Publications

UGA Extension publications offer free, research-based information to Georgians on a variety of topics including agriculture, the environment, families, food, lawn and garden, and youth. The publications below are based on agricultural and applied economics related topics.

Understanding the 2018 Farm Bill Effective Reference Price – The 2018 Farm Bill created a new Effective Reference Price (ERP) to act as an escalator to the statutory reference price (RP) when marketing year average (MYA) prices increase. This publication provides a more detailed discussion about the new ERP that can affect Price Loss Coverage (PLC) and Agriculture Risk Coverage-County (ARC-CO) payments for the five largest row crop commodities (cotton, peanut, corn, soybean, and wheat) produced in Georgia. (Yangxuan Liu, Adam Rabinowitz, John Lai, July 2019)

Cotton Payments, Disaster Assistance, and Safety Net Update -  This factsheet discusses the Market Facilitation Program, the legislative process related to disaster assistance, seed cotton program updates in the 2018 Farm Bill, choices between ARC/PLC enrollment, and STAX for the seed cotton program. (Don Shurley and Yangxuan Liu, March 2019)

First Look at the Farm Bill Title I for Row Crops: Agriculture Improvement Act of 2018. - The 2018 Farm Bill continues programs for Title I commodities from the 2014 Farm Bill: the Agriculture Risk Coverage (ARC) program, the Price Loss Coverage (PLC) program, and the Marketing Assistance Loans (MAL) program with Loan Deficiency Payments (LDP). This factsheet identifies some major changes in the new farm bill.  (Yangxuan Liu and Adam Rabinowitz, December 2018)

Implications of Hurricane Michael on the Seed Cotton ARC  - With the hurricane causing tremendous damages to our cotton industry, a lot of counties suffer from tremendous yield losses. This factsheet compares between the Agricultural Risk Coverage (ARC) and Price Loss Coverage (PLC) for this year after Hurricane Michael. We conducted the analysis based on some representative counties in GA. (Yangxuan Liu, October 2018)

What Farmers Need to Know about Crop Insurance and Prevented Planting - Southern Georgia has seen a lot of rain during the month of May. This publication discusses important details about crop insurance and prevented planting claims. There are some frequently asked questions, answers, and links to additional resources. (Rabinowitz, May 2018)

How Generic Base Could Be Treated in the Cottonseed Proposal - One proposal sought by cotton industry leadership to improve cotton’s “safety net” has been to make cottonseed a covered commodity and eligible for PLC as an “Other Oilseed” under the current 2014 farm bill. (Shurley, August 2017)

Recent Cotton Policy Developments - Under the 2014 farm bill, cotton is not a “covered commodity” and not eligible for the ARC and PLC programs. One of the things that the 2014 farm bill did do was to convert the cotton base on a farm to Generic Base. The current farm bill is now in its 4th year and will expire with the 2018 crop year unless extended. (Shurley, July 2017)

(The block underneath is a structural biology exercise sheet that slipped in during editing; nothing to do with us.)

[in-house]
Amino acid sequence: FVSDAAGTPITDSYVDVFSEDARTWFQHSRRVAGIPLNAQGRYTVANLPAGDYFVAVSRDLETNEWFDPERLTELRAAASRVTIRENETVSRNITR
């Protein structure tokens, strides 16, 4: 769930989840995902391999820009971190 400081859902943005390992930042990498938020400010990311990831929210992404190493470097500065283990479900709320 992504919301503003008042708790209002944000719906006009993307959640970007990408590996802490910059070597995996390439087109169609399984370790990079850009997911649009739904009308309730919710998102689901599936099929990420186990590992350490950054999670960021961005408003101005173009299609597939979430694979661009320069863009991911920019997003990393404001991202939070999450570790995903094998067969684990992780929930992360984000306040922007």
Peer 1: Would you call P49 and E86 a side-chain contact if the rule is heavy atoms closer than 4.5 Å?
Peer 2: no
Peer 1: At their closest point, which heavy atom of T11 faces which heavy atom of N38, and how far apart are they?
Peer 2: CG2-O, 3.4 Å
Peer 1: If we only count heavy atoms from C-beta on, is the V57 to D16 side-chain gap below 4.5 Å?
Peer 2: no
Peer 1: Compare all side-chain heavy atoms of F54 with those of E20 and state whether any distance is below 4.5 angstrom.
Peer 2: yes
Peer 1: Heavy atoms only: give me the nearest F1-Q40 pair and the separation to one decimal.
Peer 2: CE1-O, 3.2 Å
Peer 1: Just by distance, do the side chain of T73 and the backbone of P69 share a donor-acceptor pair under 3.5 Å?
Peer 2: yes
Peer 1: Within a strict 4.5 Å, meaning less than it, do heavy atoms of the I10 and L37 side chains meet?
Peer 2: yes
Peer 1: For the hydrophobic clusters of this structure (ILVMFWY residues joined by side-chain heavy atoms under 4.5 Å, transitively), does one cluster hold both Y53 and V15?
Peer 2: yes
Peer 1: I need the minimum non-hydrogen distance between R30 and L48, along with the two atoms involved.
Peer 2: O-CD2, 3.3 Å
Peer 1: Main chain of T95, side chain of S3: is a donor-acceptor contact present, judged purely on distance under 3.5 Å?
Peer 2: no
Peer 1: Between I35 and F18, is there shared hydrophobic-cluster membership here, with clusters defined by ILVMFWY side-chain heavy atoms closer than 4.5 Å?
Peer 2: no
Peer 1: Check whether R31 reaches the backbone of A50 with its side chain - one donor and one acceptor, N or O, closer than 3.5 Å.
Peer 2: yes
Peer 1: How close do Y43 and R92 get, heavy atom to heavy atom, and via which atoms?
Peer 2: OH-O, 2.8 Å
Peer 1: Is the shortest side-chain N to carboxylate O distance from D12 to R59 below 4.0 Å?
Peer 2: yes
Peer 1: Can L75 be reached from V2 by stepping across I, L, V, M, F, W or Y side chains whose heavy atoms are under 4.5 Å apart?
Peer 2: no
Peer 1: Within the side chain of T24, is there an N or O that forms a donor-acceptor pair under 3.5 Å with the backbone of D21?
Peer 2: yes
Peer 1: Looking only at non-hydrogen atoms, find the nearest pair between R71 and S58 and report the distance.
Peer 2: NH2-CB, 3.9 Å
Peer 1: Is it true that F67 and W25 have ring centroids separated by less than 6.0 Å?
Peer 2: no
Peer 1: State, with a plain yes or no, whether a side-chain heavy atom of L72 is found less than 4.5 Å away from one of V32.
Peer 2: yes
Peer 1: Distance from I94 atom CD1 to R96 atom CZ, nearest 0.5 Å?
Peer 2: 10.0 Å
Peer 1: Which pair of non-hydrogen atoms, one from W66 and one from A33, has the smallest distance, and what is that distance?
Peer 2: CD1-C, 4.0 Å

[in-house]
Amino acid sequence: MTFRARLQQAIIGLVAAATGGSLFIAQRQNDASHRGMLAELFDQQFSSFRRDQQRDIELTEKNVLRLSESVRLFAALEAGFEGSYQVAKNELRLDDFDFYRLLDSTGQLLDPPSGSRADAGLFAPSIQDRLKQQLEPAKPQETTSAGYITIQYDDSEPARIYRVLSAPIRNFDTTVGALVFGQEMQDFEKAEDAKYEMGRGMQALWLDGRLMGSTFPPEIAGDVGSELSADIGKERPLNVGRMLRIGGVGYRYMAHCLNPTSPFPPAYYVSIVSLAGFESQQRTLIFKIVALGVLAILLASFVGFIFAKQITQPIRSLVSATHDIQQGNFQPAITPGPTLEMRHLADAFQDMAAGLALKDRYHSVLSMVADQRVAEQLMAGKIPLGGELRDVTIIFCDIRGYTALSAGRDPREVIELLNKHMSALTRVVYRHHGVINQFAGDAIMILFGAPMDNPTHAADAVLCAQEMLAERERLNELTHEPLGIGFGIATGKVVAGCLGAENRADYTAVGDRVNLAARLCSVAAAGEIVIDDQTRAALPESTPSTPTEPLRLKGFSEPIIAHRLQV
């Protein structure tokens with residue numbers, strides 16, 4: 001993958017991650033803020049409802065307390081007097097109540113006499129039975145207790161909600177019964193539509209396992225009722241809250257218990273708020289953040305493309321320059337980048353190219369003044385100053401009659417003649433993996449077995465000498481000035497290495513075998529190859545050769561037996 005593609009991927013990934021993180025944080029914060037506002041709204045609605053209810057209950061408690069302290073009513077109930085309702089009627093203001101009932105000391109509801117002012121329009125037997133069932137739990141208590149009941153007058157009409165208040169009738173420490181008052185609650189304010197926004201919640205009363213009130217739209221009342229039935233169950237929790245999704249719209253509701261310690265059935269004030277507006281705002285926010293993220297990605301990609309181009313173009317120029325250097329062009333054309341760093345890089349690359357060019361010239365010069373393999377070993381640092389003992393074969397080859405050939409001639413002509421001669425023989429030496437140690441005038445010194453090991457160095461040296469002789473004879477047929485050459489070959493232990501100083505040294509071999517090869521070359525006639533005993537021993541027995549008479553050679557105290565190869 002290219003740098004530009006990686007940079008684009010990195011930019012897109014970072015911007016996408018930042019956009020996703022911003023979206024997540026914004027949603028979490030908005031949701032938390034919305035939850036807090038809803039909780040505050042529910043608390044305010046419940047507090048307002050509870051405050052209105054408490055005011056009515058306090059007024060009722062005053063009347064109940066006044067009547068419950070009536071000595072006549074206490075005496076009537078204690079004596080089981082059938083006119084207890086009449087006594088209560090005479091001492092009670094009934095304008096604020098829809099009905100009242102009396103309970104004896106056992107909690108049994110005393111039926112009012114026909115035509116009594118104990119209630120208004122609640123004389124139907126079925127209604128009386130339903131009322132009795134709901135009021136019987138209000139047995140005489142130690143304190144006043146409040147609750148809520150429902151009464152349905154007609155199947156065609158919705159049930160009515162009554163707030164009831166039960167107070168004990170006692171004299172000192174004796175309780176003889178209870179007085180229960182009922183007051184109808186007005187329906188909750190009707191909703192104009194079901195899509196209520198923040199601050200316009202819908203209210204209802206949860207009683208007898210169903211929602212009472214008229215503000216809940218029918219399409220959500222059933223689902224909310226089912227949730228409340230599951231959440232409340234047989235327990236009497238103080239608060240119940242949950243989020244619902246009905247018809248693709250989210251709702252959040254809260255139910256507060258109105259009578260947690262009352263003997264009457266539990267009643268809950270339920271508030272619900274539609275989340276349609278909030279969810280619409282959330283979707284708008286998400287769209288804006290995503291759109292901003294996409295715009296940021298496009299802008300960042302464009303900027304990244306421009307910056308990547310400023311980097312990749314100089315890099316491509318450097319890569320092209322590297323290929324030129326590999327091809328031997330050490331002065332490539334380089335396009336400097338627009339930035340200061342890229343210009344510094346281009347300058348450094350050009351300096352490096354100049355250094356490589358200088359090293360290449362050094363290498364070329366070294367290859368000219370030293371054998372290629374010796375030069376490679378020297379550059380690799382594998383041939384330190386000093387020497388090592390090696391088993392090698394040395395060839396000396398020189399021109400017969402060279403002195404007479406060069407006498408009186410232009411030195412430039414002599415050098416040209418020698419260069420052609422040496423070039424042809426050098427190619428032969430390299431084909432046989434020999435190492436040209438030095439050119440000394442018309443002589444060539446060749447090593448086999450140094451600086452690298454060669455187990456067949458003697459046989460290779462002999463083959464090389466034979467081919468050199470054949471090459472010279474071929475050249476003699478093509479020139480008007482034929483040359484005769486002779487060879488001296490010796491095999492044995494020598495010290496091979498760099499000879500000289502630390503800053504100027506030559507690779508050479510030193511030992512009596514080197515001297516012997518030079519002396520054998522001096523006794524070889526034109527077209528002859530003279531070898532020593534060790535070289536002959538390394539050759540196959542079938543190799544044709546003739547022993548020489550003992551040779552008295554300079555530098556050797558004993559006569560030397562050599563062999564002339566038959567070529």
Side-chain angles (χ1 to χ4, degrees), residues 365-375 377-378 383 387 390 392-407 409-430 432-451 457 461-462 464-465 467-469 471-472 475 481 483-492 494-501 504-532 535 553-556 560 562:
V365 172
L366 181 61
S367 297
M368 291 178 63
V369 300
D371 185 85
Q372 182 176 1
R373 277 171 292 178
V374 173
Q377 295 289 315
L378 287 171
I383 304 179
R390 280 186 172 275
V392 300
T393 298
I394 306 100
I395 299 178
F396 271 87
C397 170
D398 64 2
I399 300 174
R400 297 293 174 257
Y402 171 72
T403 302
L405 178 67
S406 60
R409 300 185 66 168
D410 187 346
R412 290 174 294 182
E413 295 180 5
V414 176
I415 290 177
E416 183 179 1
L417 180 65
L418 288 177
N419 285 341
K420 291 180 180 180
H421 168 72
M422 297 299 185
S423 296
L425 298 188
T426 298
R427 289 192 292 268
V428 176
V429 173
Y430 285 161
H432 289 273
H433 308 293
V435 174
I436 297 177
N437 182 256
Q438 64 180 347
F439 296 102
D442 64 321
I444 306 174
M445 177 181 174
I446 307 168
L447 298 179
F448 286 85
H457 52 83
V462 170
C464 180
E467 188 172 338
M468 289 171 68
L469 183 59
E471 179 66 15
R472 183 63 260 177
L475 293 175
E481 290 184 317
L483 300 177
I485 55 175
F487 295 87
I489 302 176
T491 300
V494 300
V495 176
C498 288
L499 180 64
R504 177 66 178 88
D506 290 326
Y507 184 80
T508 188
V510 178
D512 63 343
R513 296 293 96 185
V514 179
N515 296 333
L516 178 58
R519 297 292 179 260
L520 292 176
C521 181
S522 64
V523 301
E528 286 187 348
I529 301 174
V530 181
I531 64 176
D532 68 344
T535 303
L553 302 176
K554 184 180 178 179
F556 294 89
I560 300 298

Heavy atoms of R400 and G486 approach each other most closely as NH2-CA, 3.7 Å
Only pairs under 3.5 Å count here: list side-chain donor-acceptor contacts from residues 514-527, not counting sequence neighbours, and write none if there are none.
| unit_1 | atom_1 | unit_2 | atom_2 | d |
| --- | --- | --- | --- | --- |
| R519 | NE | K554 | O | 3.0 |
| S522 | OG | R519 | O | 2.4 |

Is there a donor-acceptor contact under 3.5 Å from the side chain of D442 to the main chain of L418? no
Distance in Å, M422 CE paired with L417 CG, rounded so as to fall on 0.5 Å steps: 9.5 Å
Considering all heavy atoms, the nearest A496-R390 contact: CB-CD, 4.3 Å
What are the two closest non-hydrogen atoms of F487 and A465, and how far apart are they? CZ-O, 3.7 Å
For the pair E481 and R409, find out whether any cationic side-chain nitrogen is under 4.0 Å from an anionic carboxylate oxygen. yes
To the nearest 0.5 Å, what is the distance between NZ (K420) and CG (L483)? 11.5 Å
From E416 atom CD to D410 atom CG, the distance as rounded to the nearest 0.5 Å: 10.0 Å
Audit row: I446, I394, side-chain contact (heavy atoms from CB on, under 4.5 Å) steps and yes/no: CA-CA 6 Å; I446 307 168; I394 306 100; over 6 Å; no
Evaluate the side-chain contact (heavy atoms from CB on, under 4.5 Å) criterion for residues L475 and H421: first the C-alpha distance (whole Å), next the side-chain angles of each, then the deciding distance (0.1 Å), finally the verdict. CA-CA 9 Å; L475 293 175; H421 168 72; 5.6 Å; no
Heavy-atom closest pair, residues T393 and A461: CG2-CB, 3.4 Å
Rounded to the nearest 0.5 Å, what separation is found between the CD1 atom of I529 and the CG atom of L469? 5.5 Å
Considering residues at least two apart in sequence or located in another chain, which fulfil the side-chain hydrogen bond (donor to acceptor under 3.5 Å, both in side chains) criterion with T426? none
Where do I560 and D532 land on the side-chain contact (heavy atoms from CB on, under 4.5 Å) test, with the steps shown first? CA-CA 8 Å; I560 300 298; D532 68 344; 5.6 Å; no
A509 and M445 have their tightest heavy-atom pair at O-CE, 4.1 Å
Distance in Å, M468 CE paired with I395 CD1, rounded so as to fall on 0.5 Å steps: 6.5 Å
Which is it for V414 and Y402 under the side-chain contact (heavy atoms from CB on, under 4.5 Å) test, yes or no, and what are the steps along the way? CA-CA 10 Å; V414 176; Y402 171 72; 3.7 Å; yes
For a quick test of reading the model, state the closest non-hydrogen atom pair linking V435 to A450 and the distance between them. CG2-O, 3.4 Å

Estimated ARC and PLC Payments for 2016 Covered Commodities - The 2014 farm bill eliminated the DCP (Direct and Countercyclical Payment) Program of the 2002 and 2008 farm bills. In the 2014 farm bill, DCP was replaced by ARC (Agricultural Risk Coverage) and PLC (Price Loss Coverage). Read more about the estimated ARC and PLC payments for covered commodities in 2016. (Don Shurley and Adam N. Rabinowitz, July 2017)

Economic Impact of the Georgia Green Industry - The Georgia Green Industry consists of wholesale nursery, greenhouse, turfgrass sod producers, landscape design, construction/maintenance firms and wholesale and retail distribution firms (e.g., garden centers, home stores, mass merchandisers with lawn/garden departments, brokers/rewholesale distribution centers, and allied trade suppliers). (Hodges et al., 2015)

 

 

 

 

 


Recent Extension Publications on Animal Production and Livestock
Antibiotic Therapy in Mastitis Control for Lactating and Dry Cows
(B 1516)
Antibiotic therapy continues to play an important role in the control of mastitis in dairy cows. Lactational therapy is effective against Streptococcus agalactiae but less successful against infections caused by Staphylococcus aureus and other causes of mastitis. As a result, alternative treatment strategies have been developed, including a combination of both intramammary infusion and the parenteral administration (injection) of antibiotics to successfully cure quarters infected with S. aureus. Likewise, extended therapy, which involves prolonged drug administration, has improved cure rates against this organism. Nonantibiotic approaches to treatment have included oxytocin injections, but relapse rates after this form of therapy can be unacceptably high. Dry or nonlactating cow therapy is almost always more successful than lactational therapy because cure rates are higher and new cases of mastitis are prevented. To reduce antibiotic usage, selective dry cow therapy is becoming popular, and teat seals are appealing because they prevent new infections without having to rely on antibiotics.
Caring for the Older Horse: Common Problems and Solutions
(B 1368)
Horses have relatively long life spans compared to other livestock and companion animals, often living into their late 20s and early 30s. Many horses have productive careers into their 20s. In fact, in many disciplines, horses do not peak until their teenage years. Good nutrition, maintenance and veterinary care allow horses to lead longer and more productive lives. However, as horses age, their needs change and additional care may be required to keep them as healthy as possible. This publication addresses changes in the aging horse's body that impact its requirements, possible ways to meet these requirements, and solutions to problems that may occur.
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